It takes practice to get used to metal detecting in the surf and retrieving targets. One must learn how to work with the waves, shoddy visibility, and sometimes moving targets.
Personally, because of the risks, I tend to detect the surf when it is safer to do so, small none fears waves if recreationally detecting. However, when doing ring recoveries, especially time-sensitive ones, I have had to detect in rough surf and sometimes in the super rough surf, where rocks as big as tennis balls are getting hurdled at my ankles. These recoveries are generally wedding bands, diamond rings, and gold necklaces lost while body surfing, boogie boarding, or playing in the rough surf, and then a wave barrel rolls the person.
Metal Detecting in the Surf Safely.
Metal detectorists have drowned and lost metal detecting equipment venturing too far out and having aggressive waves hit them. The first rule is to be safe. Bring a buddy if you can, and if you can’t, don’t push your limit. Don’t go too far out. If you are alone, instead of going too far out, come back when there is a good negative tide, and you can get out further with smaller, safer waves.
To be safe, don’t turn your back on waves. I made this mistake when I was newer to detecting rough surf. One bad wave hitting your scoop into your legs can cause a nice cut or gash, which happened to me. Getting salt water in a deep fresh-cut wound isn’t pleasant, and the drive home as it stings is equally not pleasant.
Don’t Lose Your Target in the Surf
When you pinpoint the target with your metal detector as waves are coming back and forth, use your coil to mark where it is by placing the coil and holding it down where the target is. Then place your foot behind the coil. Your foot/toes should be pointed towards the coil center. Pointing directly to where the target would be. Then move the coil away and place your scoop just before your foot to get the target, with the edge of the scoop on the sand right in front of your toes at about a 45-degree angle. When the waves are right, take your scoop and let the surf pull the sand away. It is critical you do not move your foot to keep the place of where the target is.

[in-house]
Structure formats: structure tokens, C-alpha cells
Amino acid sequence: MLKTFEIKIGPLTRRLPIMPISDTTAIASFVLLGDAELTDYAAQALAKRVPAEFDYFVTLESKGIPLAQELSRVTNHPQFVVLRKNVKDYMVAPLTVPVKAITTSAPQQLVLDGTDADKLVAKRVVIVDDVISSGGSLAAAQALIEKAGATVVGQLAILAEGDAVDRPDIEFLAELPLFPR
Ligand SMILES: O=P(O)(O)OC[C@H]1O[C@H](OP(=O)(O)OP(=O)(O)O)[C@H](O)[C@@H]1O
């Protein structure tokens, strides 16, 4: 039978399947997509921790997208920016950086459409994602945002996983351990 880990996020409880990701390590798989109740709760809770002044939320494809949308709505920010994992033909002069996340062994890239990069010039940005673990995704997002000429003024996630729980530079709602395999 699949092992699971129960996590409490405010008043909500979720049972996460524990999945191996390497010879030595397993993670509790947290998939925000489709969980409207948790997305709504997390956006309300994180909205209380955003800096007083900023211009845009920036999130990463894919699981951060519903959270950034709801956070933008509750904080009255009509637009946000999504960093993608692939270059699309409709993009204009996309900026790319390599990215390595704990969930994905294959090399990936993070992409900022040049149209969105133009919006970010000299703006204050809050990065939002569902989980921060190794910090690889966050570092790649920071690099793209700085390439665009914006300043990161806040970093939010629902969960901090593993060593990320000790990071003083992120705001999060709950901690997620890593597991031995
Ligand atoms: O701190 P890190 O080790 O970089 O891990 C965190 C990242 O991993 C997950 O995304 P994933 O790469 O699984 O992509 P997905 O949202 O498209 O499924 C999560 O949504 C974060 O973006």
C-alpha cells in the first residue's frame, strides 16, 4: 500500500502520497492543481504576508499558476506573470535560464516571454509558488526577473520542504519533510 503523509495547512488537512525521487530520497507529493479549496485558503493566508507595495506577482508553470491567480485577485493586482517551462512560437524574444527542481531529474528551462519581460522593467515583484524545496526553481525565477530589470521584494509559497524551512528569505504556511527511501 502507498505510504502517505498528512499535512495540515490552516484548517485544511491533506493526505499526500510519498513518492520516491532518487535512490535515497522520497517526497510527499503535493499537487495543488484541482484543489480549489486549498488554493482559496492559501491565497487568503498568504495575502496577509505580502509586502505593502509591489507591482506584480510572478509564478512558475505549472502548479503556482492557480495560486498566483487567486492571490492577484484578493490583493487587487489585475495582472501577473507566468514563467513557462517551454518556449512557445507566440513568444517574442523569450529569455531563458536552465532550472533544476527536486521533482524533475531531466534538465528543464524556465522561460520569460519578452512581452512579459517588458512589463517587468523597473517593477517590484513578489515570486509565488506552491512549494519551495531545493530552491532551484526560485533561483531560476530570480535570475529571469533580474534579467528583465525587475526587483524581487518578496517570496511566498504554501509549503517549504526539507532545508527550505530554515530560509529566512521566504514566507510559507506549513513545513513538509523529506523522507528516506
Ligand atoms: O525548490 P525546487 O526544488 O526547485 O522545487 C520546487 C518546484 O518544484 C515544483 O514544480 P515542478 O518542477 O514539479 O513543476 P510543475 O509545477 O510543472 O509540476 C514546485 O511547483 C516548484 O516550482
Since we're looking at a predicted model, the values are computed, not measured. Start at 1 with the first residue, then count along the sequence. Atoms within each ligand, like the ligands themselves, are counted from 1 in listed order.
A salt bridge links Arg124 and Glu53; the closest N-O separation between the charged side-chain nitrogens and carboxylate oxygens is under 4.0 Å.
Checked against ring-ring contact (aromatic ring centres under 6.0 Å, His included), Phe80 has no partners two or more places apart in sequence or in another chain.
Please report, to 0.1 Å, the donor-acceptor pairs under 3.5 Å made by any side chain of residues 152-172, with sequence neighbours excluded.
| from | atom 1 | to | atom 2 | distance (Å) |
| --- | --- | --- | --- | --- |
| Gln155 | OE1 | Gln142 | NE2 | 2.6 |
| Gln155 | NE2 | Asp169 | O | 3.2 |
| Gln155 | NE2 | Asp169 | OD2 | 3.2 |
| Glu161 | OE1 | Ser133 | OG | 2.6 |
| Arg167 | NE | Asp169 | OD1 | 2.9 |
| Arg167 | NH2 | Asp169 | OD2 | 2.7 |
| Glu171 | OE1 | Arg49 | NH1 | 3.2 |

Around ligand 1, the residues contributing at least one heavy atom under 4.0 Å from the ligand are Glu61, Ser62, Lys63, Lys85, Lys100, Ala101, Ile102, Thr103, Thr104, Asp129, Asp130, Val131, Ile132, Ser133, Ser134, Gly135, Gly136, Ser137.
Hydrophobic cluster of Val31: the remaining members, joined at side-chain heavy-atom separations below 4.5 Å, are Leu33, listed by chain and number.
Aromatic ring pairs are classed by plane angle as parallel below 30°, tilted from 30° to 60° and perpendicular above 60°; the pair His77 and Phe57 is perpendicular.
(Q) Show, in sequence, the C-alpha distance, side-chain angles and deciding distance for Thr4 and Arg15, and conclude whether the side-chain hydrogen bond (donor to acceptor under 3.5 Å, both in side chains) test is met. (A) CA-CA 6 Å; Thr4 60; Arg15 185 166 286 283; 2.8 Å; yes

If you didn’t get the target, try a couple more scoops. If still no luck, start working around the hole in a circle, widening and deepening your hole until you get the target or are ready to give up.
If the Rough Surf Is Too Much to Detect
As hard waves come in, turn sideways to make your body as narrow as can be so the wave does not catch you and throw you back. Another suggestion if you are fighting the rough surf, is to detect backward away from the surf and not into it.
Right Sand Scoop for Surf Metal Detecting
For metal detecting in the surf, you want to have a large sand scoop with a full-size handle and large holes. This is because you need to spend as little time retrieving your target in between waves. It truly is a race with time before the next wave comes in.
Some detectorists like to use more of a heavier scoop for rough surf detecting because they can use it as a brace. I use the 48″ Underwater Beach Sand Scoop from Royal Manufacturing, which I call my heavy tank. It is probably the heaviest scoop on the market, purposely made heavy to help brace you in waves as they hit. I also use my Motley Digging Tools Beach Scoop, Hex10 CKG Scoop, and Nokta Premium Sand Scoop 3-in-1.